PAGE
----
Tesco, which in January agreed to buy wholesaler Booker for 3.7 billion pounds, said UK like-for-like sales rose 2.3 percent in the 13 weeks to May 27, its fiscal first quarter - a sixth straight quarter of growth.
The outcome was ahead of analysts' forecasts, in a range of up 1.7-2.0 percent, and built on growth of 0.7 percent in the previous quarter.
Tesco said total group like-for-like sales rose 1 percent.
"This is a good start to the year," said Chief Executive Dave Lewis.
"We are confident in our plans to create long-term, sustainable value for our key stakeholders and to deliver on the ambitions we have set out."
Lewis has been leading a fightback after Tesco's profits were hammered by changing shopping habits, the rise of German discounters Aldi and Lidl and an accounting scandal in 2014.
He stabilised the business and then got it growing again with a focus on lower prices, new and streamlined product ranges, better customer service and improved supplier relationships.
Shares in Tesco are up 19 percent year-on-year. But they are down 13 percent so far in 2017, reflecting concerns about a deteriorating consumer environment in Britain.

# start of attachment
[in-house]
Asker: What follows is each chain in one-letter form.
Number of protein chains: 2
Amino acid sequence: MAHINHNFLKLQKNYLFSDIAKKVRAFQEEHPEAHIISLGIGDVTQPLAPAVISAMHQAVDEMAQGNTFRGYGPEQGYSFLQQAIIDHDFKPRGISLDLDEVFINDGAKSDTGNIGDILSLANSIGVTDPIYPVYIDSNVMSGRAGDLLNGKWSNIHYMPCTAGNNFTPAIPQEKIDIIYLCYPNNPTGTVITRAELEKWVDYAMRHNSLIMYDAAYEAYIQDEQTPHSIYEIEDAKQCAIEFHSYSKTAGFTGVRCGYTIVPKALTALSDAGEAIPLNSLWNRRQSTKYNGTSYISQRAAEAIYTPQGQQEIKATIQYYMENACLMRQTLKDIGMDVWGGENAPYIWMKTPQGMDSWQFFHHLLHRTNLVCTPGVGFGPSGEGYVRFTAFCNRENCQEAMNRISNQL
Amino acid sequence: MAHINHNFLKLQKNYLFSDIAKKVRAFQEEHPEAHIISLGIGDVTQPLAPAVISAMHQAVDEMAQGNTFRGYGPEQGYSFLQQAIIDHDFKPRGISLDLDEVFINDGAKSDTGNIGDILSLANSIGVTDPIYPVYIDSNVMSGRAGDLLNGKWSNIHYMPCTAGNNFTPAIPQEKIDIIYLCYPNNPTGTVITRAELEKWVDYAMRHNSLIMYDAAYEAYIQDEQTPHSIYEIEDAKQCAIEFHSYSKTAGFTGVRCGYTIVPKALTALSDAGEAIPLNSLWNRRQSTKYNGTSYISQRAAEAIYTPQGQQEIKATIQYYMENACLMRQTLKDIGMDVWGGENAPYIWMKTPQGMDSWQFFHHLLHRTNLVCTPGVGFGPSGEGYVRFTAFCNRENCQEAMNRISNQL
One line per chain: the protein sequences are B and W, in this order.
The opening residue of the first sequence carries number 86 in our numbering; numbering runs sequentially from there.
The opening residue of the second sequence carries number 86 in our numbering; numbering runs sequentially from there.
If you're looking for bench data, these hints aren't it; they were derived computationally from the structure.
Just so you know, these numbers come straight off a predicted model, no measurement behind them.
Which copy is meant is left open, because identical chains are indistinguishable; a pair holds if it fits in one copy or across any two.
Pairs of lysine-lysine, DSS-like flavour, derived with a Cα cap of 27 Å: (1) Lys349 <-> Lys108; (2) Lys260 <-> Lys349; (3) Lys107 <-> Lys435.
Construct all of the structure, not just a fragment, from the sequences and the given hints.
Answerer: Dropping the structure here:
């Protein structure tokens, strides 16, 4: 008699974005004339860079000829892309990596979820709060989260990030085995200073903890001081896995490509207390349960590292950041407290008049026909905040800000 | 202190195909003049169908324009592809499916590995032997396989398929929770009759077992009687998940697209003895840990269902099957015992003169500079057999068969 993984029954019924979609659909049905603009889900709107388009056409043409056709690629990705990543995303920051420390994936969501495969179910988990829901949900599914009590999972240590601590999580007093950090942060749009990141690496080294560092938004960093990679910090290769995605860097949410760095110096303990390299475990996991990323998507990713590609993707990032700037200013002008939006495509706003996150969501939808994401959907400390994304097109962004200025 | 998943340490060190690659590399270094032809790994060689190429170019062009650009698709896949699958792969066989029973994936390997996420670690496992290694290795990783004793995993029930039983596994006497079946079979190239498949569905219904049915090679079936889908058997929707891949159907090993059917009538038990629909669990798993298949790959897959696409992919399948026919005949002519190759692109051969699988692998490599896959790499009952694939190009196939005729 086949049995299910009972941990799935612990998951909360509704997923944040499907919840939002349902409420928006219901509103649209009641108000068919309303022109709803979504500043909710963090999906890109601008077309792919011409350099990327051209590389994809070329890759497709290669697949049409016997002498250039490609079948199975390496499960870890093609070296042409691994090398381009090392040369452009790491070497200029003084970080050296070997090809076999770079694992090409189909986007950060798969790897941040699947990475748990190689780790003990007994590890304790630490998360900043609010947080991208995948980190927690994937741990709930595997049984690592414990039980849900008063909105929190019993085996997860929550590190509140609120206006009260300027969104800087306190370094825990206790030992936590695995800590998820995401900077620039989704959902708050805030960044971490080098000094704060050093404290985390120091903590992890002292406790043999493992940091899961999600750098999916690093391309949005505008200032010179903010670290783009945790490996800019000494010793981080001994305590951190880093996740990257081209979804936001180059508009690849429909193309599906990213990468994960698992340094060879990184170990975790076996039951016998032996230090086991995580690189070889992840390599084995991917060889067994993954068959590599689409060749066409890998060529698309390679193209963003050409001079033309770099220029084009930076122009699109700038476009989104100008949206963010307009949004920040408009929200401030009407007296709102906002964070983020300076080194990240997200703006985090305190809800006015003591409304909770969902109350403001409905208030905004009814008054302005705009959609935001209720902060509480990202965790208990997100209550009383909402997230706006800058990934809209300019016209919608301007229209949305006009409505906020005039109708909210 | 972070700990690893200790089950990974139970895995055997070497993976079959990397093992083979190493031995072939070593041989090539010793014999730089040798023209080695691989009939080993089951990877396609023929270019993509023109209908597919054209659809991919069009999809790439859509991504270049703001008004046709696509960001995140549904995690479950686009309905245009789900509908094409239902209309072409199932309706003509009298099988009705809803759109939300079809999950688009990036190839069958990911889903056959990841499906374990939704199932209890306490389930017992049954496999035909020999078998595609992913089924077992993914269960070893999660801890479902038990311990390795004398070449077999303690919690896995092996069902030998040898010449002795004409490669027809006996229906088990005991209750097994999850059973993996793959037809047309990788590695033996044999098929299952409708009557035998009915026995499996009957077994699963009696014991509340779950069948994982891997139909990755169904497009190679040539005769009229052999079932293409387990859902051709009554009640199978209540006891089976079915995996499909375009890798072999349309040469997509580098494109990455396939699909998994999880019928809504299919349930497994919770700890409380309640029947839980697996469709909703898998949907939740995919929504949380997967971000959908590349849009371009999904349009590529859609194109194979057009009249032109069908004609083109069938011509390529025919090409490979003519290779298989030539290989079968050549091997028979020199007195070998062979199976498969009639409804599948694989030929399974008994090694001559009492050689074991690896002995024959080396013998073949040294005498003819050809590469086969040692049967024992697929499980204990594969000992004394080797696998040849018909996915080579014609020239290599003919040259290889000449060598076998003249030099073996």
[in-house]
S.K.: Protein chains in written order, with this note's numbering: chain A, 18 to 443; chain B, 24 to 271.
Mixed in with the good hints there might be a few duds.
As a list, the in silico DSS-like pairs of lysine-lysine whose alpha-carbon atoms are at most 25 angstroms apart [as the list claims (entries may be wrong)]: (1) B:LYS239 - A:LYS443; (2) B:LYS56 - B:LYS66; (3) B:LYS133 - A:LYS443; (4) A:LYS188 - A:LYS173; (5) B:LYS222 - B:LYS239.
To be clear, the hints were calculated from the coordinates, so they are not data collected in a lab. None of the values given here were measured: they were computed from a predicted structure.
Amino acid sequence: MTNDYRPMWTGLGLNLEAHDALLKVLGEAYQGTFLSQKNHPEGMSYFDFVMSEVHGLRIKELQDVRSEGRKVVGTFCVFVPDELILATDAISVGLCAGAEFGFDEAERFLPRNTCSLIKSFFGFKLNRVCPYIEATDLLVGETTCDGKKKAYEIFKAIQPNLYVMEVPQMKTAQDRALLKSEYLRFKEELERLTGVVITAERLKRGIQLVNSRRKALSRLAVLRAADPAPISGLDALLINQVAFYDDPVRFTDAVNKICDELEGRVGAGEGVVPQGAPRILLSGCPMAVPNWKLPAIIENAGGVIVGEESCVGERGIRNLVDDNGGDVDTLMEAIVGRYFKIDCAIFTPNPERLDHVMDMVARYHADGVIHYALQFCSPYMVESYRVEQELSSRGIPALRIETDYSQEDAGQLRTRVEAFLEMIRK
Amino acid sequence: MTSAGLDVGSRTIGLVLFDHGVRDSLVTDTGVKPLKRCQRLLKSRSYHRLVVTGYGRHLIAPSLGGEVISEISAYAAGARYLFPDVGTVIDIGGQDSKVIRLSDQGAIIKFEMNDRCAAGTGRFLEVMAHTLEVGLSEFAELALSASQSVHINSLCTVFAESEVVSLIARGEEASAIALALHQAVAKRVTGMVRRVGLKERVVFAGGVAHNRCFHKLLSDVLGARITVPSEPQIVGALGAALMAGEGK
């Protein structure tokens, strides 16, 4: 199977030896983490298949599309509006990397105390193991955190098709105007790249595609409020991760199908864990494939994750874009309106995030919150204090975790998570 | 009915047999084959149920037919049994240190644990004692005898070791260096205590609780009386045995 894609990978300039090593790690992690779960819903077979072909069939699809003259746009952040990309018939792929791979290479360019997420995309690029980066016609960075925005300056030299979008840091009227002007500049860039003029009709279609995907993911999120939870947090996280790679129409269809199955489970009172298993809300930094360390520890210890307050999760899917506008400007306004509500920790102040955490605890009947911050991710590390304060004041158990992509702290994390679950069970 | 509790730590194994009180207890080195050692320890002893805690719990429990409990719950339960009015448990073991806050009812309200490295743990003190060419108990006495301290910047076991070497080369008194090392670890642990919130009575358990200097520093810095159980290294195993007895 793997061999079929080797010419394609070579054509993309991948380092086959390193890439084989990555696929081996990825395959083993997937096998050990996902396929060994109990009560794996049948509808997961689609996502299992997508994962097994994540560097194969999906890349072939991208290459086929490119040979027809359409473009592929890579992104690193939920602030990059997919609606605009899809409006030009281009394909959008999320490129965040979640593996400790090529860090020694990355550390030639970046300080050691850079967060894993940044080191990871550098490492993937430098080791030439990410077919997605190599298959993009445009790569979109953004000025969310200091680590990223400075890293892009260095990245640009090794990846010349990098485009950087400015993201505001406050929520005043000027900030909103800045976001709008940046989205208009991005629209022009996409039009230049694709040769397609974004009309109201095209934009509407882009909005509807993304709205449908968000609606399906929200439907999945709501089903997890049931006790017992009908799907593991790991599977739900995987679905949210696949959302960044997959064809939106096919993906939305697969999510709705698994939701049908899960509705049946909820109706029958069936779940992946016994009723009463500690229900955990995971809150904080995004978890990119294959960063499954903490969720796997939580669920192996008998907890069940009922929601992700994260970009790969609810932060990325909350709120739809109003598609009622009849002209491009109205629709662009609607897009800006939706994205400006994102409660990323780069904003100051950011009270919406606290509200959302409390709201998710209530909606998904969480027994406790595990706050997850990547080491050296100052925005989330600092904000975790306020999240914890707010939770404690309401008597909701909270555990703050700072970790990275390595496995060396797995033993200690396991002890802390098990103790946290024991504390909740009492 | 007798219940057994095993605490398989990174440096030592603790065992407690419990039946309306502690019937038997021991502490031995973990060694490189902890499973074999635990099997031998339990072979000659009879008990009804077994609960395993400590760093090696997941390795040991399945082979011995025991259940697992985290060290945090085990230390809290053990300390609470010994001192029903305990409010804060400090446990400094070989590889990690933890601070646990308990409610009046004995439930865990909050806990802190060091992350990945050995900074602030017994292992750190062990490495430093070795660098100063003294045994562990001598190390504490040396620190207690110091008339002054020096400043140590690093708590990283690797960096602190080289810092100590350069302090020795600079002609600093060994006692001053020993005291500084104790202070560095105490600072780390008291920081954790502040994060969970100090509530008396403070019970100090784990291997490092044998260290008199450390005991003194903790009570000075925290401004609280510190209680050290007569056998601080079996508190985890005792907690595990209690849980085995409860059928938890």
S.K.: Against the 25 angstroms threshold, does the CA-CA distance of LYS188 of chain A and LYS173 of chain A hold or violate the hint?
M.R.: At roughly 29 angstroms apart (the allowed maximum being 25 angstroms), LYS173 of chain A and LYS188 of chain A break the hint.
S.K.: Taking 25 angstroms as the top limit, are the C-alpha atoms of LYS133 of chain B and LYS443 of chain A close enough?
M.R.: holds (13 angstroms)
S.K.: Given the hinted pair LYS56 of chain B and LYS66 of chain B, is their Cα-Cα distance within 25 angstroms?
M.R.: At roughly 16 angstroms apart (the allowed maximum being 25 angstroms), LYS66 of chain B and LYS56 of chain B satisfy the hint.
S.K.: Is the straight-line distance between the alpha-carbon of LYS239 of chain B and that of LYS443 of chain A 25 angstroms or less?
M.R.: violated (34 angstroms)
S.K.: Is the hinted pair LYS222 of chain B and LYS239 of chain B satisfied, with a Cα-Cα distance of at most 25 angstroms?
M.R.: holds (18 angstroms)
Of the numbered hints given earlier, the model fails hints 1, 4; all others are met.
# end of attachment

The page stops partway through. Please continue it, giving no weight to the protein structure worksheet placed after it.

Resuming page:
The retailers are battling a rise in inflation, caused in large part by the fall in the pound since last year's vote to leave the European Union, and by a slowdown in wages growth.
British retail sales fell more sharply than expected in May, official data showed on Thursday, while data earlier this week showed British workers' earnings after inflation shrinking at the fastest pace since 2014.
However, analysts reckon Tesco is not passing on as many cost increases to shoppers as its competitors, as it is increasingly able to leverage its scale.
Prior to Friday's update, analysts' average forecast for Tesco's 2017-18 operating profit before exceptional items was 1.46 billion pounds, according to Reuters data, up from 1.28 billion pounds in 2016-17.
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